Telusa To hear thee in reckoning my pains to recite thine own. I saw, Eurota, how amorously you glanced your eye on the fair boy in the white coat, and how cunningly, now that you would have some talk of love, you hit me in the teeth with love.
Eurota I confess that I am in love, and yet swear that I know 460not what it is. I feel my thoughts unknit, mine eyes unstayed, my heart I know not how affected or infected, my sleeps broken and full of dreams, my wakeness sad and full of sighs, myself in all things unlike myself. If this be love, I would it had never been devised.
Telusa Thou hast told what I am in uttering what thyself is. These are my passions, Eurota, my unbridled passions, my intolerable passions, which I were as good acknowledge and crave 465counsel as to deny and endure peril.
Eurota How did it take you first, Telusa?
Telusa By the eyes, my wanton eyes, which conceived the picture of his face and hanged it on the very strings of my heart. O fair Melibeus! O fond Telusa! But how did it take you, Eurota?
470Eurota By the ears, whose sweet words sunk so deep into my head that the remembrance of his wit hath bereaved me of my wisdom. O eloquent Tyterus! O credulous Eurota! But soft, here cometh Ramia. But let her not hear us talk. We will withdraw ourselves and hear her talk.
[They conceal themselves.]
[Enter Ramia.
475Ramia I am sent to seek others, that have lost myself.
Eurota [Aside to Telusa] You shall see Ramia hath also bitten on a love-leaf.
Ramia [To herself] Can there be no heart so chaste but love can wound? Nor vows so holy but affection can violate? Vain art thou, virtue, and thou, chastity, but a byword, when you both are subject to love, of all things the most abject. If Love be 480a god, why should not lovers be virtuous? Love is a god, and lovers are virtuous.
Eurota [Coming forward with Telusa] Indeed, Ramia, if lovers were not virtuous, then wert thou vicious.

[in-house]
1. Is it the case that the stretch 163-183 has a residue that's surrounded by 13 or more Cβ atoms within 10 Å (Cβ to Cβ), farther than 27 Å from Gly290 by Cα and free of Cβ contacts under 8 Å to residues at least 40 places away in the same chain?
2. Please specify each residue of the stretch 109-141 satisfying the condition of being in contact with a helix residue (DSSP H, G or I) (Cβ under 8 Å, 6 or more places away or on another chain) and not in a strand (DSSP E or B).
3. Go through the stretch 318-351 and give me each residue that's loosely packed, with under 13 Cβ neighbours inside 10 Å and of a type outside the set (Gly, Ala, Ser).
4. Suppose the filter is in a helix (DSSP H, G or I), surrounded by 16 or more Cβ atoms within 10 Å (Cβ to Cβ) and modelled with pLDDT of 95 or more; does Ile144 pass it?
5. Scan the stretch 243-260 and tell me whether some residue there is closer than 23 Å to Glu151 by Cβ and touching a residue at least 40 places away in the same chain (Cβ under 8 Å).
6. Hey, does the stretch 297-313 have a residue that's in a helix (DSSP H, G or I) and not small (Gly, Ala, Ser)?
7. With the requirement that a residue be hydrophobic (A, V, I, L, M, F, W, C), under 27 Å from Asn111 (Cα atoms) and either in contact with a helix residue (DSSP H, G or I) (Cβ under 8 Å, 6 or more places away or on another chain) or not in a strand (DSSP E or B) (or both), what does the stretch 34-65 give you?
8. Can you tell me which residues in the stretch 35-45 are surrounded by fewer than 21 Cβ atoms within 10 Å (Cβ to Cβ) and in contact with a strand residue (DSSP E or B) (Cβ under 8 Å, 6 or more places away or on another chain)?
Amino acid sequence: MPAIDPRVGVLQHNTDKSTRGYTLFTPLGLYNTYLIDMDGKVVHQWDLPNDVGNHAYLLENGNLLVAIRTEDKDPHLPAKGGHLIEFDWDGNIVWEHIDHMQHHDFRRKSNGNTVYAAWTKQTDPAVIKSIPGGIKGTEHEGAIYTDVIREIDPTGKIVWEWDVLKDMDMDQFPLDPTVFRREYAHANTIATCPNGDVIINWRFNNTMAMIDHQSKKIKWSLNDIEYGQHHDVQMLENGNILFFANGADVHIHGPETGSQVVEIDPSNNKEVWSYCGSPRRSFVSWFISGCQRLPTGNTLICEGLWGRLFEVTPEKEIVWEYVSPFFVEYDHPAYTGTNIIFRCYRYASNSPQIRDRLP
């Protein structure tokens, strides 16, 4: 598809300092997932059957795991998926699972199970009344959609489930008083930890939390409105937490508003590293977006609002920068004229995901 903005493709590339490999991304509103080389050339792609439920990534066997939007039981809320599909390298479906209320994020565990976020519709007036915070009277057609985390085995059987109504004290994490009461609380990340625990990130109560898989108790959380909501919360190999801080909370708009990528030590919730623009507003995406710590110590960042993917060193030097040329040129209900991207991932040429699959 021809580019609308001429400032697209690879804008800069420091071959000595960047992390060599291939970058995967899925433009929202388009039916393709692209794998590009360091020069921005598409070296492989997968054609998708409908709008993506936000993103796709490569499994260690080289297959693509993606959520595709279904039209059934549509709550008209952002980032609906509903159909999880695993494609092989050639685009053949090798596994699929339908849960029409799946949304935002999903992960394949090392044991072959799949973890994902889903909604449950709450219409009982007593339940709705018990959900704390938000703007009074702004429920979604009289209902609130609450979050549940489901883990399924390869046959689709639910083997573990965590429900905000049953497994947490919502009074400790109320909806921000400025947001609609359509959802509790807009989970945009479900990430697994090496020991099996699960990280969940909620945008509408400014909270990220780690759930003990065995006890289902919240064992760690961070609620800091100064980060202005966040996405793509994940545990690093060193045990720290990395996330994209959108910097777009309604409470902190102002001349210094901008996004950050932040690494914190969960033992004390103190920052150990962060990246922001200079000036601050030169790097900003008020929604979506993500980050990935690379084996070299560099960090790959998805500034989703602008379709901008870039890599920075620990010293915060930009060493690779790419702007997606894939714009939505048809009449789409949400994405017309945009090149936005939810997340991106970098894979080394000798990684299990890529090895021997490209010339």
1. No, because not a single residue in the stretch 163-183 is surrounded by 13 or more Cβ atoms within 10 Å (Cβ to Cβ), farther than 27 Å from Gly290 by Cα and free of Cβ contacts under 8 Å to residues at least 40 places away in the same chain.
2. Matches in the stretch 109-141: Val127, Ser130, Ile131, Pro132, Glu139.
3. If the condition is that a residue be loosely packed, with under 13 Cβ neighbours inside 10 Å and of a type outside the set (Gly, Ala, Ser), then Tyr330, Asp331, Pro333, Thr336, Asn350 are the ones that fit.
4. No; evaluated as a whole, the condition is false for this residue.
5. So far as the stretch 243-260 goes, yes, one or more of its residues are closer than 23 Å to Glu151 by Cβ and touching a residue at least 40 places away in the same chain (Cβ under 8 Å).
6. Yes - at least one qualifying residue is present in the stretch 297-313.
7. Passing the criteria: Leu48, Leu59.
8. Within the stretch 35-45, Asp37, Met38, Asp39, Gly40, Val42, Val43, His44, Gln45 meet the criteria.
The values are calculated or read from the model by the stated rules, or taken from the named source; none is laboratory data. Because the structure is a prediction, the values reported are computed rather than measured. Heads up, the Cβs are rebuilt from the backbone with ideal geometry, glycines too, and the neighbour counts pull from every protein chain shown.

Ramia What, are you come so near me?
Telusa I think we came near you when we said you loved.
Eurota Tush, Ramia, 'tis too late to recall it; to repent it, a shame. Therefore, I pray thee, tell what is love?
485Ramia If myself felt only this infection, I would then take upon me the definition, but, being incident to so many, I dare not myself describe it. But we will all talk of that in the woods. Diana stormeth that, sending one to seek another, she loseth all. Servia, of all the nymphs the coyest, loveth deadly, and exclaimeth against Diana, honoreth Venus, detesteth Vesta, and maketh a common scorn of virtue. Clymene, whose stately looks seemed to amaze the greatest lords, 490stoopeth, yieldeth, and fawneth on the strange boy in the woods. Myself (with blushing I speak it) am thrall to that boy, that fair boy, that beautiful boy!
Telusa What have we here, all in love? No other food than fancy? No, no, she shall not have the fair boy.
Eurota Nor you, Telusa.
Ramia Nor you, Eurota.
495Telusa I love Melibeus, and my deserts shall be answerable to my desires. I will forsake Diana for him. I will die for him!
Ramia So saith Clymene, and she will have him. I care not. My sweet Tityrus, though he seem proud, I impute it to childishness, who, being yet scarce out of swath-clouts, cannot understand these deep conceits. I love him.
Eurota So do I, and I will have him!
500Telusa Immodest all that we are, unfortunate all that we are like to be, shall virgins begin to wrangle for love and become wanton in their thoughts, in their words, in their actions? O divine Love, which art therefore called divine because thou overreachest the wisest, conquerest the chastest, and dost all things both unlikely and impossible, because thou art Love! Thou makest the bashful impudent, the wise fond, the chaste wanton, and workest contraries to our reach, because thyself is beyond reason.
505Eurota Talk no more, Telusa; your words wound. Ah, would I were no woman!
Ramia Would Tityrus were no boy!
Telusa Would Telusa were nobody!
Exeunt.
3.2
[Enter] Phillida and Galathea [both disguised as young men].
510Phillida It is pity that Nature framed you not a woman, having a face so fair, so lovely a countenance, so modest a behavior.
Galathea There is a tree in Tylos whose nuts have shells like fire, and, being cracked, the kernel is but water.
Phillida What a toy is it to tell me of that tree, being nothing to the purpose? I say it is pity you are not a woman.